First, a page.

Link between childhood emotional abuse and adult migraine risk

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Link between childhood emotional abuse and adult migraine risk

According to American Academy of Neurology's 68th Annual Meeting in Vancouver, Canada, April 15 to 21, 2016, "children who are emotionally abused may experience migraines as young adults." The link between migraine and abuse was found to be stronger for emotional abuse than for physical or sexual abuse.

According to Gretchen Tietjen, MD, from the University of Toledo in Ohio and a member of the American Academy of Neurology, "Emotional abuse showed the strongest link to increased risk of migraine". "Childhood abuse can have long-lasting effects on health and well-being."

In the study, emotional abuse was evaluated by asking, "How often did a parent or other adult caregiver say things that really hurt your feelings or made you feel like you were not wanted or loved?"

Data was analyzed between an age of 24 to32 from 14484 people and migraines had been determined in 14% people. These people were interrogated if they had faced physical, emotional or sexual abuse in their childhood and 47% of them were found to be emotionally abused. Physical abuse included as being kicked, thrown down on the floor or into a wall, thrown down stairs or hit with a fist. Around 18% of participants were physically abused and about 5% were sexually abused.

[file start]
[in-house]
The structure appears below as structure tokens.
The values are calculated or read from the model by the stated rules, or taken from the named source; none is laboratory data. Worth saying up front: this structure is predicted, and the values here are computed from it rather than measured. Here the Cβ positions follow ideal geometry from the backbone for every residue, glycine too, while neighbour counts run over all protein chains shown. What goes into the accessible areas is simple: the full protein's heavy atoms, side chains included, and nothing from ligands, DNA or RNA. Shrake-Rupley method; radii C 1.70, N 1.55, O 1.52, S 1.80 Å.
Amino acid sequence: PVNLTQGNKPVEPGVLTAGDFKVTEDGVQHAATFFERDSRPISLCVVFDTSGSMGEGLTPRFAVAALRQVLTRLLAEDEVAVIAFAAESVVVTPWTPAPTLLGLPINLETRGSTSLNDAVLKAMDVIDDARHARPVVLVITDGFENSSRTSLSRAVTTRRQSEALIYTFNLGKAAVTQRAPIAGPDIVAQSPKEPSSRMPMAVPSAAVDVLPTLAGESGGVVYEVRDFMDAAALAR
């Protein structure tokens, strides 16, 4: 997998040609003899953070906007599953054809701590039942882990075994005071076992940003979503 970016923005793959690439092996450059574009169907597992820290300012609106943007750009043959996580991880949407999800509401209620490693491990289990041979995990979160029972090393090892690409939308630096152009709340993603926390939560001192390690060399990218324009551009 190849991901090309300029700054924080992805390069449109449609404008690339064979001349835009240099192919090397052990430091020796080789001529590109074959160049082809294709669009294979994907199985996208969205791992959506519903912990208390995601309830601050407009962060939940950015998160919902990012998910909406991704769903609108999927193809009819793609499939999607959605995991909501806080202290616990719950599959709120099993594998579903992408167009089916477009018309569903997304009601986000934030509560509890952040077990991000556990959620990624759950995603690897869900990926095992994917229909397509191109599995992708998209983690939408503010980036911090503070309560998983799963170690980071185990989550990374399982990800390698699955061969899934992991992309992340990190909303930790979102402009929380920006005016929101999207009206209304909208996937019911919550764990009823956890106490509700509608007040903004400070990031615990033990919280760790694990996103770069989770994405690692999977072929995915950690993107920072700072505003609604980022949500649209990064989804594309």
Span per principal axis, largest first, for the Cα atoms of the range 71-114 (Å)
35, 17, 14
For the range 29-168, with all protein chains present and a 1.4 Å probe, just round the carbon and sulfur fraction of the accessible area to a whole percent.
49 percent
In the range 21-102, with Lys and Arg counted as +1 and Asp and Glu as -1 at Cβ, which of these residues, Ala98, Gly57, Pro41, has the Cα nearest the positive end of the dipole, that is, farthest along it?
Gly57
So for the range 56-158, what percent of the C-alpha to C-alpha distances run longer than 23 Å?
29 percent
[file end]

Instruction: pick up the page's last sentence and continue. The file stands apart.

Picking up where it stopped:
About 61 percent said they had been abused as a child and they were diagnosed with migraines. Moreover, 49% said that they were abused, even they were never experienced migraine. Of those who were abused were 55 percent and were more likely to experience migraine than those who were never abused after accounting for income, age, race and sex.

Those who were emotionally abused were 52 percent more likely to have migraine than those who were not abused. In contrast, those who were sexually or physically abused were not likely to have migraine than who were not abused.

The relationship between emotional abuse and migraine existed when researchers adjusted the results, taking depression and anxiety into account. People who were emotionally abused were 32% more likely to have migraine than who were not abused.

Tietjen noted that the study shows link between childhood emotional abuse, a very common occurrence, and migraine. "More research is needed to better understand this relationship between childhood abuse and migraine," said Tietjen. "This is also something doctors may want to consider when they treat people with migraine."

American Academy of Neurology

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